Food outlet closures ‘can’t be used as an excuse for beef price cuts’

Beef processors have been called on to not use the closures of food outlets as a reason to reduce beef prices “below their already unsustainable level”.

Reacting to the announcement of closures by McDonald’s and Supermac’s, Thomas Duffy, president of Macra na Feirme, said that there is “no justification for a reduction on beef price at all”.

Duffy attributed this to the demand from supermarkets for meat products, despite the loss of demand from the closure of Supermac’s and McDonald’s.

The announcements by Supermac’s and McDonald’s come as a hit to demand for lower grade beef used in mincing products.

“Indications of a reduction in demand for food services due to reduced demand by restaurants have been observed for the past few weeks by both meat processors and those in additional food processing sectors. This has given the industry time to adapt, leaving no additional justification for price drops,” Duffy highlighted.

There is also a demand for home cooking produce, according to John Keane, Macra’s agricultural affairs chairperson.

“That will mean a change in demand for beef types, but no less demand for top-quality Irish beef,” Keane believes.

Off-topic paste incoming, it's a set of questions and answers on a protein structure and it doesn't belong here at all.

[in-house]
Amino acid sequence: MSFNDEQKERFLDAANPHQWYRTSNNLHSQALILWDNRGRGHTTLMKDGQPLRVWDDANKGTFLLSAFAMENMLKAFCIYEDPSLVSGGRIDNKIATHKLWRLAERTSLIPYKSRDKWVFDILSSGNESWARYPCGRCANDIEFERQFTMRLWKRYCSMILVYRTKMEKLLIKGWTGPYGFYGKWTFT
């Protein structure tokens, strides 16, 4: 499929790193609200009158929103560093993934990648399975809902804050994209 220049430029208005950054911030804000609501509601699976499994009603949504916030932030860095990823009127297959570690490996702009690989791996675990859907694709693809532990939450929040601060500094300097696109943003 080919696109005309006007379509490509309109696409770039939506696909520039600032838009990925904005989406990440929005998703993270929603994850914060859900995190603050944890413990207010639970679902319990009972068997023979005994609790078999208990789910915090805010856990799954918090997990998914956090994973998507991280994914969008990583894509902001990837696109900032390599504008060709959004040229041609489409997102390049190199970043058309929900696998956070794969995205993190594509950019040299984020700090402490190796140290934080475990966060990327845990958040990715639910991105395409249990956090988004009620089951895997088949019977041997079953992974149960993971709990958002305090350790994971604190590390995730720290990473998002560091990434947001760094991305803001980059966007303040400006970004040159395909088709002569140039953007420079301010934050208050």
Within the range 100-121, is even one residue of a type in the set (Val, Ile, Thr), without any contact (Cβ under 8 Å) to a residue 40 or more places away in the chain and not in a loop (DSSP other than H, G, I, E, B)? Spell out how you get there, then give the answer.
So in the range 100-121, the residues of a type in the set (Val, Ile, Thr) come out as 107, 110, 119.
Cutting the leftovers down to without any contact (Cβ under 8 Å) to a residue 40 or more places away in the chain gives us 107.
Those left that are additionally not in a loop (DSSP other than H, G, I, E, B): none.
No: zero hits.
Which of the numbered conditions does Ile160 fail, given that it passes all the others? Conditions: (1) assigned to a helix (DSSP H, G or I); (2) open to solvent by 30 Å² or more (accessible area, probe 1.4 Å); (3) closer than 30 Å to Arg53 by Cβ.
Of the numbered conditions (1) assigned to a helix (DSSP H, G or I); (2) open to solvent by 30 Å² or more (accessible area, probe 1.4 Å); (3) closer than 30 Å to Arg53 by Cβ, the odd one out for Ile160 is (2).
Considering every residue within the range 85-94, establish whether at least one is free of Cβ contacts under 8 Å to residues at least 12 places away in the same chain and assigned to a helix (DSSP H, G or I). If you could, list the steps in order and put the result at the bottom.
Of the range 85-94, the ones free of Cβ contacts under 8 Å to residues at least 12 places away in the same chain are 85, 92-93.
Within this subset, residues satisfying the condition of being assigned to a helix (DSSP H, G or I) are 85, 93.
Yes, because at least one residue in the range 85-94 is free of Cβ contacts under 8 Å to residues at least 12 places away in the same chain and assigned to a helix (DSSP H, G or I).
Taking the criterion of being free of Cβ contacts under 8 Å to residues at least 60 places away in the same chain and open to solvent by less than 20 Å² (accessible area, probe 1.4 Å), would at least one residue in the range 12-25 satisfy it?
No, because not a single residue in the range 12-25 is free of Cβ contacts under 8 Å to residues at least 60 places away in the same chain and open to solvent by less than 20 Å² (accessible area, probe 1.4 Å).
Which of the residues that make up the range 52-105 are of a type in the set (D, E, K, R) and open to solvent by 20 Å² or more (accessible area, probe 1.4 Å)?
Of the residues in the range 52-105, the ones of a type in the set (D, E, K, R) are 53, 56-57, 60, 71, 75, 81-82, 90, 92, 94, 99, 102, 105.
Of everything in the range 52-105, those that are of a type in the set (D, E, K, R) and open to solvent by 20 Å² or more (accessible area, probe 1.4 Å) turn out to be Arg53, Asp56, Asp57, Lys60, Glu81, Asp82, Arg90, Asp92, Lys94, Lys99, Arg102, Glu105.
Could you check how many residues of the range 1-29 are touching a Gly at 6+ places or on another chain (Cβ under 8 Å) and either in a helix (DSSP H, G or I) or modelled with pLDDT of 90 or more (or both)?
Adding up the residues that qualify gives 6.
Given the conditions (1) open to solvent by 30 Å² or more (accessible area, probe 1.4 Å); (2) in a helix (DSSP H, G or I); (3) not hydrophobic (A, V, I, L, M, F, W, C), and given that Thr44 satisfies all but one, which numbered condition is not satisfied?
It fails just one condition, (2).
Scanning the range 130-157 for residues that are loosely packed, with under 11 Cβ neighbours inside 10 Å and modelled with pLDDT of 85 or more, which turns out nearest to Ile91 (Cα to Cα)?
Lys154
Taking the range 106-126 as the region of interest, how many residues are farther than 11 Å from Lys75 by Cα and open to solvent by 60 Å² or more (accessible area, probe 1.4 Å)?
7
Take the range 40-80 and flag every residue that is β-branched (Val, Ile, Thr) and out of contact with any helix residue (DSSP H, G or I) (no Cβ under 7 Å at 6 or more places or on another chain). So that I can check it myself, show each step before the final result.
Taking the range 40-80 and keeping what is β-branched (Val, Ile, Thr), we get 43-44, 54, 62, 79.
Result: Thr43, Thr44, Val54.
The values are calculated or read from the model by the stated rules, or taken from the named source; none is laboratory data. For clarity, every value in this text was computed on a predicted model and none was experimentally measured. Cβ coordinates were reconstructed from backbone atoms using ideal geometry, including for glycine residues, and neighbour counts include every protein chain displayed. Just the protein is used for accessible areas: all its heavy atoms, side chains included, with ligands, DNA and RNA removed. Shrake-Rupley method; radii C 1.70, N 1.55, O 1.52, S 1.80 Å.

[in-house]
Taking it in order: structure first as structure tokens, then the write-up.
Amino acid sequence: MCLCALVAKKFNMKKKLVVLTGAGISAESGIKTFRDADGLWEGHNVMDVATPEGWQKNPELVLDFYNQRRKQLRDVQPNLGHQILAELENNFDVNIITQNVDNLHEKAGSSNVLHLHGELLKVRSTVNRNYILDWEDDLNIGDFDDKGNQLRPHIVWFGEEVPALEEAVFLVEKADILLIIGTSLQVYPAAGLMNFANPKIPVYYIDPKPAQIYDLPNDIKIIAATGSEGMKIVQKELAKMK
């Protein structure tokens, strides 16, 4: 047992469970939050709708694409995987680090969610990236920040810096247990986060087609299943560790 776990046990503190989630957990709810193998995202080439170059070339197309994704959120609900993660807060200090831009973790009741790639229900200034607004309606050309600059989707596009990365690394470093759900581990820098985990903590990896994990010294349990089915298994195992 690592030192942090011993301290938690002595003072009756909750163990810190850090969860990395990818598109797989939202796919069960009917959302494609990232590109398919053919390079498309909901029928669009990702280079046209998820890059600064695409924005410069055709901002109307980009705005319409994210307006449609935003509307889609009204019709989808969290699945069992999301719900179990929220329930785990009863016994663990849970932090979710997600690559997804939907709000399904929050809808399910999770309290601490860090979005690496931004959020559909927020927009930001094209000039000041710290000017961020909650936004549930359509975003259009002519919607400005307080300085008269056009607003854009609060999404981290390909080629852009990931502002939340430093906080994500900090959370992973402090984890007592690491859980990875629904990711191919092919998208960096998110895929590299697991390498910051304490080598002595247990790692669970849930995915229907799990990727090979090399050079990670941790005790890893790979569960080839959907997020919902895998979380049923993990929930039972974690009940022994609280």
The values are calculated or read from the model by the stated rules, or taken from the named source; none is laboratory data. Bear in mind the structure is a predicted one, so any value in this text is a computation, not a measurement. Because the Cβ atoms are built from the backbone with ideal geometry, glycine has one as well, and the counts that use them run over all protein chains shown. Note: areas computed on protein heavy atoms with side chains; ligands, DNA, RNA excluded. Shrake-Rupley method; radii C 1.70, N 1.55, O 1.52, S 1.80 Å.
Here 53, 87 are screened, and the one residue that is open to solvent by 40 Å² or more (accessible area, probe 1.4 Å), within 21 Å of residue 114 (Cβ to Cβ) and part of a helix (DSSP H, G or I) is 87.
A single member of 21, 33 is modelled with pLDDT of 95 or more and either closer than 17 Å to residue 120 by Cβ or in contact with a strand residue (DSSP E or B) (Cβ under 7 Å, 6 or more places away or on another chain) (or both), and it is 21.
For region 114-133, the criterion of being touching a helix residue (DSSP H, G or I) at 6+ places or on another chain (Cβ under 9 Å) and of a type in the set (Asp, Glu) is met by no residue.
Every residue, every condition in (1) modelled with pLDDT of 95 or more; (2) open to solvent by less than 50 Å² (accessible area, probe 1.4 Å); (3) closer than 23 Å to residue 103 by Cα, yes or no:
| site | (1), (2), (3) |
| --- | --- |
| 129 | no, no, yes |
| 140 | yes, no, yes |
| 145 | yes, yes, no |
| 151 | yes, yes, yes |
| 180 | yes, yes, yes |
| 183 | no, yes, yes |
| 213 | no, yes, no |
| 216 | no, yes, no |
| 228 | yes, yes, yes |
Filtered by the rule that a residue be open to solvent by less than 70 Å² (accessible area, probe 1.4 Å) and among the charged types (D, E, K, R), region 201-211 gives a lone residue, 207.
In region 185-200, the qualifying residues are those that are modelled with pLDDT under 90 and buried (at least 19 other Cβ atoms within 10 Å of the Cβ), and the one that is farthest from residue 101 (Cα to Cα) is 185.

By supermarkets’ own research, the Irish consumer is more likely to purchase more expensive products such as steak and higher-priced cuts.

“Farmers are struggling themselves due to an extremely wet spring and the anxiety about labour replacement should they become ill themselves, and cannot tolerate another price cut,” Keane noted.

“These announcements cannot be another justification in threatening an already stressed sector,” he concluded.


Yesterday, Monday, March 23, Meat Industry Ireland (MII) said that the meat industry in Ireland is experiencing “major disruption to normal trading conditions”.

According to MII, the food service channel accounts for over 30% of Irish beef exports, while also being an important market for other meat products from Ireland.

However, this market has “effectively been shut down”, with orders ceasing, MII said.